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An Efficient and Recyclable Catalytic System Comprising Nanopalladium(0) and a Pyridinium Salt of Iron Bis(dicarbollide) for Oxidation of Substituted Benzyl Alcohol and Lignin



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It′s teamwork! A composite of ionic liquid (IL)-stabilized palladium(0) nanoparticles and a pyridinium salt of iron bis(dicarbollide) (5) was found to be efficient for oxidation of substituted benzyl alcohols and lignin to produce aromatic aldehydes.

The efficient use of renewable resources of feed stocks for the production of fuels and chemicals has become an increasingly important issue, due to the depletion of crude-oil-based raw materials.1 This has sparked a growing interest in the development of biomass as an alternate raw material source. Lignocellulosic biomass is a renewable, abundant and sustainable resource that can be used for the large-scale production of fuels, chemicals and energy. It is made up of three main components: cellulose, hemicelluloses and lignin. The wood cells are composed of different layers, where cellulose forms a skeleton that is surrounded by other substances functioning as matrixes (hemicelluloses) and encrusting (lignin) materials. The potential use of lignin, upon oxidative depolymerization, as a renewable resource has been the focal point of our current research investigation.

Due to the insolubility of wood in common solvents, it is difficult to carry out extensive research on the utilization of wood and its components. Because of their high heat capacity, extremely low volatility, nonflammability and high thermal stability, ionic liquids (ILs) are a new generation of solvents for catalysis and synthesis and have been demonstrated to be potentially successful replacements for conventional media in chemical processes.1 Importantly, lignin shows enhanced solubility in ILs compared to other commonly used organic solvents.2 Thus, ionic liquids can be used as reaction media in experiments. Since there are many hydroxy groups in the lignin molecule, oxidation or oxidative cracking is possible for lignin to form aromatic aldehydes that could be useful precursors for agrochemicals or other fine chemicals.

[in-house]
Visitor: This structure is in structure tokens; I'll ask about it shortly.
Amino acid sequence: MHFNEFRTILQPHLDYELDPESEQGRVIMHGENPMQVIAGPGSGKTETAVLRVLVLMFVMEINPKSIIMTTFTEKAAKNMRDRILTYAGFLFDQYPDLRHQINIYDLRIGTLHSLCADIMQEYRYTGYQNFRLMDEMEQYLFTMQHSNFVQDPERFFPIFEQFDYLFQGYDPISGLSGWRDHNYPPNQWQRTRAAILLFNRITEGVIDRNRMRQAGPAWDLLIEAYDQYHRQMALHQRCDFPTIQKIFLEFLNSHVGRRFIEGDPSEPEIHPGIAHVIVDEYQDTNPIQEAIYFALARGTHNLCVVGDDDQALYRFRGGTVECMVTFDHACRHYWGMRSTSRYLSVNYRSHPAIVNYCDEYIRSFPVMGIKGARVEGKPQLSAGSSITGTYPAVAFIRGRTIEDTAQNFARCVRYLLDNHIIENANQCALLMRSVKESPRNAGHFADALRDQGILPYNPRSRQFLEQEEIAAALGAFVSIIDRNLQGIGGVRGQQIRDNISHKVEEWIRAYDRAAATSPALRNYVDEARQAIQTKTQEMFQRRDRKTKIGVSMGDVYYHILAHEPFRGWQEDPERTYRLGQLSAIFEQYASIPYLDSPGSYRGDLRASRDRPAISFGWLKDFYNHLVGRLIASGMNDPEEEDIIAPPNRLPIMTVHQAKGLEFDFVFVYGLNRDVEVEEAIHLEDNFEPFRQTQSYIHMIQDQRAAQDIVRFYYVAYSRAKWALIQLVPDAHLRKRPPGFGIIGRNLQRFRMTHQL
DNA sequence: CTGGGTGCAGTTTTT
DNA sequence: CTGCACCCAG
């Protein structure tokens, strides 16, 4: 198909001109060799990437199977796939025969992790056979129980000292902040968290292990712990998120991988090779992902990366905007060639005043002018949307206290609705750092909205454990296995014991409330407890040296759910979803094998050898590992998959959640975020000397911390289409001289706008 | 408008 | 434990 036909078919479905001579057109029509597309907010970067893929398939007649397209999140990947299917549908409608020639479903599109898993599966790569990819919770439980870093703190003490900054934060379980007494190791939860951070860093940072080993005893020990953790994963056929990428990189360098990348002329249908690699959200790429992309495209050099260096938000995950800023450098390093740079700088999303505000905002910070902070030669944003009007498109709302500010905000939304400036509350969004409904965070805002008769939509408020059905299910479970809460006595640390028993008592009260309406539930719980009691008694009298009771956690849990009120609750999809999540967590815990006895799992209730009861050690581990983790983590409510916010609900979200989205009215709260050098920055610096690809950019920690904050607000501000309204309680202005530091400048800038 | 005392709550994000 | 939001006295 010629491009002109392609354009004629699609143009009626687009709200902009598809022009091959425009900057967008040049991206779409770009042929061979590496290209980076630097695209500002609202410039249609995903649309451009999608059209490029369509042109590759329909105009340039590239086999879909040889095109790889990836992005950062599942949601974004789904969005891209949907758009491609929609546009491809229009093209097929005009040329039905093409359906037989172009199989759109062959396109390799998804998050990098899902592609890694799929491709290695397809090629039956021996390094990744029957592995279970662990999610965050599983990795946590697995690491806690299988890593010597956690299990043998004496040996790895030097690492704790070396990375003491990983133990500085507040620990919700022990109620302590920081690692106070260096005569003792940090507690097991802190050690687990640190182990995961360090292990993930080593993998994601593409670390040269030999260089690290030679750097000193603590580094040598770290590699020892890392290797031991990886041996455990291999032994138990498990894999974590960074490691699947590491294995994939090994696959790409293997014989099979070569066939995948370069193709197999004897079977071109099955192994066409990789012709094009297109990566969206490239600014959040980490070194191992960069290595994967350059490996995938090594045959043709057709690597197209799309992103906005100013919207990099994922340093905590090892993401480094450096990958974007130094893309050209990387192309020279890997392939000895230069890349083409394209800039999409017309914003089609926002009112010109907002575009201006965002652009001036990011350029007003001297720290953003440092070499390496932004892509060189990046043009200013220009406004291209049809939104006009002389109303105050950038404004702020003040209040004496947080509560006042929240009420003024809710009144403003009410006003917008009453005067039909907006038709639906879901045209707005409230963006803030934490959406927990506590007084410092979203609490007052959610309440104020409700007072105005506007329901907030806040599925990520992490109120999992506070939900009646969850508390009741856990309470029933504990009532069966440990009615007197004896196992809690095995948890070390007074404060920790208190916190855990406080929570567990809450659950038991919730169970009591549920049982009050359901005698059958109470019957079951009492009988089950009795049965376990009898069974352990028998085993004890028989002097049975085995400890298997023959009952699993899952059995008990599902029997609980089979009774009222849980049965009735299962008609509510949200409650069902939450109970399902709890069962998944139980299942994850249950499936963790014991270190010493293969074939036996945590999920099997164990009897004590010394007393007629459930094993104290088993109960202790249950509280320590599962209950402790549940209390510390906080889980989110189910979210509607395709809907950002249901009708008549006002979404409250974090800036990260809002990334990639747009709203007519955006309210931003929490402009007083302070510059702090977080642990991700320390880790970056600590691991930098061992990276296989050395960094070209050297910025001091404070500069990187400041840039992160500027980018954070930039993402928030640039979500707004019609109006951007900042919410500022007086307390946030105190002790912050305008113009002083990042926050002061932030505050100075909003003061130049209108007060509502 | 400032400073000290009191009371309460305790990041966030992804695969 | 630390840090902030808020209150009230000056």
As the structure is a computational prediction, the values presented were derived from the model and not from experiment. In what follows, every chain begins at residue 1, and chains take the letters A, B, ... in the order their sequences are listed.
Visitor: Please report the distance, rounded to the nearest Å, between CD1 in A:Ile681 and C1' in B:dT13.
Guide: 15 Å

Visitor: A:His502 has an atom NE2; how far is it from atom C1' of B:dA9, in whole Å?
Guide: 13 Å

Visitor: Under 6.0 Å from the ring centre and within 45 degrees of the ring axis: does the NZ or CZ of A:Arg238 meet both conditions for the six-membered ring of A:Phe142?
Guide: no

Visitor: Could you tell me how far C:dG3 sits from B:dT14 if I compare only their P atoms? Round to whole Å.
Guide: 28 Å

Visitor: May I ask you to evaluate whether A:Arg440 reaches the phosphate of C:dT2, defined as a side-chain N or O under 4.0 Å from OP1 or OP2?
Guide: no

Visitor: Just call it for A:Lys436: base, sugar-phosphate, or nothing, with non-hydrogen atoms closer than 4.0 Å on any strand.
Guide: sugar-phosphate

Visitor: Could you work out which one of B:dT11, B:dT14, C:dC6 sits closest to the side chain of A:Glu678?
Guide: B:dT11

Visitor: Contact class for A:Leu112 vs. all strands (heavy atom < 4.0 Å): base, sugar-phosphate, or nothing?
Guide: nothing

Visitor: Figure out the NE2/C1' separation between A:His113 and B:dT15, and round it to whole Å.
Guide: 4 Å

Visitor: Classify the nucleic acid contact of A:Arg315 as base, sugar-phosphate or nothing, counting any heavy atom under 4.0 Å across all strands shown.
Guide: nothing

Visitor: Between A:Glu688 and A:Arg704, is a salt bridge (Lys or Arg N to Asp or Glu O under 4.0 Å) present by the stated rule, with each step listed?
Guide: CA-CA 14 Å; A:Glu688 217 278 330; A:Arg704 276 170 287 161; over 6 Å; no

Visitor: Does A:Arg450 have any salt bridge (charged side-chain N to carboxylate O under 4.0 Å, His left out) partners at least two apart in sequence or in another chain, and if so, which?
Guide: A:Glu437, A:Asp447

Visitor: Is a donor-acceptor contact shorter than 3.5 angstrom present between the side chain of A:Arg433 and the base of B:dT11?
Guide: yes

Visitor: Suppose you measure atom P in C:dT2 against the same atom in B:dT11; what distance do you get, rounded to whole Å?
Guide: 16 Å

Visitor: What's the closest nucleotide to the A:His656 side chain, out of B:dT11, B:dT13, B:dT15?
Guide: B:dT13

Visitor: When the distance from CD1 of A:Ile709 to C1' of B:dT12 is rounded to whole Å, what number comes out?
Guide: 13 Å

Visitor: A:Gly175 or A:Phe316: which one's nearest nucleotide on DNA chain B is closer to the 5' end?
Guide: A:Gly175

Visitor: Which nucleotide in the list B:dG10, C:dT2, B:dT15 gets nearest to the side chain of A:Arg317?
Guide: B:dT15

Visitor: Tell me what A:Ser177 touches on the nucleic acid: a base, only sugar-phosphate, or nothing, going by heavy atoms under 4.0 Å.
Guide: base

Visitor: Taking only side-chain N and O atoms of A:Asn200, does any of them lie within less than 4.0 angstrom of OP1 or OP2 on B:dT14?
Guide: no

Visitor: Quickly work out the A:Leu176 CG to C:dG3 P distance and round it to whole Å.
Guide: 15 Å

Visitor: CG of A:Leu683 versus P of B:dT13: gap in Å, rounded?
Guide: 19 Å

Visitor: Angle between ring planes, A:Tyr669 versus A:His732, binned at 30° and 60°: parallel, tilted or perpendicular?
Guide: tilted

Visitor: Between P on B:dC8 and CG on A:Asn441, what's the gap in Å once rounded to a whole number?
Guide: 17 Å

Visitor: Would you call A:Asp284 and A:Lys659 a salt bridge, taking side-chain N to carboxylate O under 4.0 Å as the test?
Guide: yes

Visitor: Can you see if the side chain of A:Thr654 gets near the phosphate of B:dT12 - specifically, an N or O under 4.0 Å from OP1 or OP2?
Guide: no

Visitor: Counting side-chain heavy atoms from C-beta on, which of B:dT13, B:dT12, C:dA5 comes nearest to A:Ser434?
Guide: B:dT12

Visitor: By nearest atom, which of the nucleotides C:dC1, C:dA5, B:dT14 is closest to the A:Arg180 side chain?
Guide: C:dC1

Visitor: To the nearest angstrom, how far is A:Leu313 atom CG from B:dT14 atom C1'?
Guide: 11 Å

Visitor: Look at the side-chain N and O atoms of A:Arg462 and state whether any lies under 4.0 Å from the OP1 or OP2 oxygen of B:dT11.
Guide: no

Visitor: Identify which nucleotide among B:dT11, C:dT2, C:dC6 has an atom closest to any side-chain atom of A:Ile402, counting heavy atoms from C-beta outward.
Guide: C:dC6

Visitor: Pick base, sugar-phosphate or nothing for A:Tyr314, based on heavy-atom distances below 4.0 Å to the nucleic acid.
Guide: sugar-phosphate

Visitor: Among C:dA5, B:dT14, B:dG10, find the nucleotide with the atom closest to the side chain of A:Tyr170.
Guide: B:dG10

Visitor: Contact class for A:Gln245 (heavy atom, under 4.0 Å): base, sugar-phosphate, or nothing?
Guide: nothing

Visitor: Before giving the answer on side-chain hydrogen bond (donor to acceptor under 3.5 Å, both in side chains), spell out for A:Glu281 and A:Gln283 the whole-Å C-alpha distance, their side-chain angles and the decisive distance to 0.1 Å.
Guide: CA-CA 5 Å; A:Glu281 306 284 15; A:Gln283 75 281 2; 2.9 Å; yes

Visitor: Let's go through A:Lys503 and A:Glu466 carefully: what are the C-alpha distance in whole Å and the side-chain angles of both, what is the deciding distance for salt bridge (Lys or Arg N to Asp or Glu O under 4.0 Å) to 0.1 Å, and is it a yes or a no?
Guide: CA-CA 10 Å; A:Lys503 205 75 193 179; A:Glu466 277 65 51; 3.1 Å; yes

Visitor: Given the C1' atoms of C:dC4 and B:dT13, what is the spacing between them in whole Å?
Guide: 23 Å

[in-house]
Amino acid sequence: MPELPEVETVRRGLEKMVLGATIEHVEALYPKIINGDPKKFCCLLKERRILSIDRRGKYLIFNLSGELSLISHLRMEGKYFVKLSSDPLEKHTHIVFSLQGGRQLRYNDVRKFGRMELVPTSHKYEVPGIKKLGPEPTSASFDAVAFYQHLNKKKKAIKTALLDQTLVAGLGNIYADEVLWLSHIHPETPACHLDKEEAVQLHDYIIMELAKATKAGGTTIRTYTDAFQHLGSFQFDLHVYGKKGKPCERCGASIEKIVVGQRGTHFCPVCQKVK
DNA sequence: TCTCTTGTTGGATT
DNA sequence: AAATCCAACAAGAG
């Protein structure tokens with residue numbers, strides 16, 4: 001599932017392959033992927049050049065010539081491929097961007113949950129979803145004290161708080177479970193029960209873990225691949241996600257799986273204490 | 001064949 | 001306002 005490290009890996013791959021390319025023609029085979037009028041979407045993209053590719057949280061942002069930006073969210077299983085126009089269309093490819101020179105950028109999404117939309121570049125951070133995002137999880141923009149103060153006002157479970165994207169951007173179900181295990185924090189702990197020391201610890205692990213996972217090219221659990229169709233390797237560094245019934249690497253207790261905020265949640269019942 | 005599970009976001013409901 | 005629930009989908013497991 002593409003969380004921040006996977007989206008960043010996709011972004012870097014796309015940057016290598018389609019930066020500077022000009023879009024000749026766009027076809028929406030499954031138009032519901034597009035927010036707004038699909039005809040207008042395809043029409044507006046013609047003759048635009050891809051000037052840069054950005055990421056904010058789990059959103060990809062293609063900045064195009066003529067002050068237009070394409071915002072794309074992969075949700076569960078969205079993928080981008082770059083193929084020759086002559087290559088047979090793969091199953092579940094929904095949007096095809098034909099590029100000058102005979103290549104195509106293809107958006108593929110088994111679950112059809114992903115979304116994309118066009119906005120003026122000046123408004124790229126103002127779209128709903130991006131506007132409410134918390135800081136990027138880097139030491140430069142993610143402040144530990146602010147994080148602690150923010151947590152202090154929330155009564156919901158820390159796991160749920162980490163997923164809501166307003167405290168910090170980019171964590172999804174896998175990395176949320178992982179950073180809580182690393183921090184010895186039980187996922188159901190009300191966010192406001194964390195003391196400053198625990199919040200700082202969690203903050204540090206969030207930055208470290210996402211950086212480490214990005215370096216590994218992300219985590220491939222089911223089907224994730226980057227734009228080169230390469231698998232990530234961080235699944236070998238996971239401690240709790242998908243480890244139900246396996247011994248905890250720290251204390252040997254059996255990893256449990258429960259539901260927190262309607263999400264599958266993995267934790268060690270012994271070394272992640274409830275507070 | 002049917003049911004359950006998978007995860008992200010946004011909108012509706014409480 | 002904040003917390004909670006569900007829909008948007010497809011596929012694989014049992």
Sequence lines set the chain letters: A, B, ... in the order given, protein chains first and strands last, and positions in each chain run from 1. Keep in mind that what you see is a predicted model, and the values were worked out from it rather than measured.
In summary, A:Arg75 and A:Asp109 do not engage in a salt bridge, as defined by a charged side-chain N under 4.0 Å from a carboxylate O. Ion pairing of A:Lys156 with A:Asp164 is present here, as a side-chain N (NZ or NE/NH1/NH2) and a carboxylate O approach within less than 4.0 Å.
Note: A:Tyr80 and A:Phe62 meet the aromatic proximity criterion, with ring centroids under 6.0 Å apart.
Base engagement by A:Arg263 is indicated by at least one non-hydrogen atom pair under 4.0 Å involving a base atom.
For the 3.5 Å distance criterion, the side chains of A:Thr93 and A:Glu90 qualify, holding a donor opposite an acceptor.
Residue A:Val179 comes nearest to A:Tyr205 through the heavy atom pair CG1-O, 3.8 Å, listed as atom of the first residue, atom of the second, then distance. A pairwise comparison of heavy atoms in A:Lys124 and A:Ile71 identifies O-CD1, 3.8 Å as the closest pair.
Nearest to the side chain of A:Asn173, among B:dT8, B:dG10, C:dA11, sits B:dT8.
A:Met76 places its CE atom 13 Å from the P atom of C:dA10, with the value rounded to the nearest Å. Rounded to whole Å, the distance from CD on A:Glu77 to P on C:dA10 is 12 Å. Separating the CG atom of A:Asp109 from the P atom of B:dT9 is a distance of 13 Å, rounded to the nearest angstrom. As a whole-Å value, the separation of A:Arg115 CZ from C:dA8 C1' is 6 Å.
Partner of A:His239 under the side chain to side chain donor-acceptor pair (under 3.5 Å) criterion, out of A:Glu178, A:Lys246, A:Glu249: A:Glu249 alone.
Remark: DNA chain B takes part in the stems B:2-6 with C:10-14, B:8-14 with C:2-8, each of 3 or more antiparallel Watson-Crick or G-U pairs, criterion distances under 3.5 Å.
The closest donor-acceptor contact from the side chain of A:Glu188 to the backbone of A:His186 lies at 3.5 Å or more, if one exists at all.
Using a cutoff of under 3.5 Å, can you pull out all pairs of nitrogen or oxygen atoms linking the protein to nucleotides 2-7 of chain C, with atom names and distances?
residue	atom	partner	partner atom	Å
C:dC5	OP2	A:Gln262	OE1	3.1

Catalysts play critical roles in lignin conversion. The optimized catalysts should promote high conversion and suppress byproducts and char formation and condensation, while keeping the reaction severity under permissible limits. A metal based catalyst family, such as, free or supported MeReO3/H2O2,36 porphyrin-coordinated systems, such as, porphyrin/FeIII/H2O2 or m-chloroperbenzoic acid79 and porphyrin/Mn/clay/H2O210 demonstrate reasonable activities for the oxidation of lignin models. Interestingly, copper-and cobalt-based homogeneous catalysts are also active for this oxidation, forming the corresponding aldehydes with high selectivity.1113

Transition metal nanoparticle-based catalytic systems have been found to exhibit superior catalytic activities relative to their corresponding bulk materials and often have higher selectivity when compared with conventional heterogeneous catalysts.14 In our lab, IL-stabilized metal nanoparticles have been found to be robust and recyclable catalyst composites for organic transformations.15 Supported nanopalladium catalysts have been used as recyclable catalysts for alcohol oxidations.1618 However, to our knowledge, there are no reports describing the use of IL-stabilized palladium nanoparticle-based catalysts for the oxidation of lignin models. Considering the high solubility of lignin in ILs, the use of IL-stabilized metal nanoparticles as catalysts should overcome the solubility limitation and favor the oxidative conversion of lignin to value-added chemicals, such as, aromatic aldehydes. To optimize suitable catalyst composites, benzyl alcohol was employed as a model to examine the catalytic oxidation reactions. Herein, we report our preliminary results of our investigation on a very efficient recyclable catalyst composite, comprising nanopalladium(0) and a pyridinium salt of iron bis(dicarbollide) (5) as a cocatalyst, for the oxidation of benzyl alcohol and lignin. Oxygen gas was used as an oxidant in our experiments.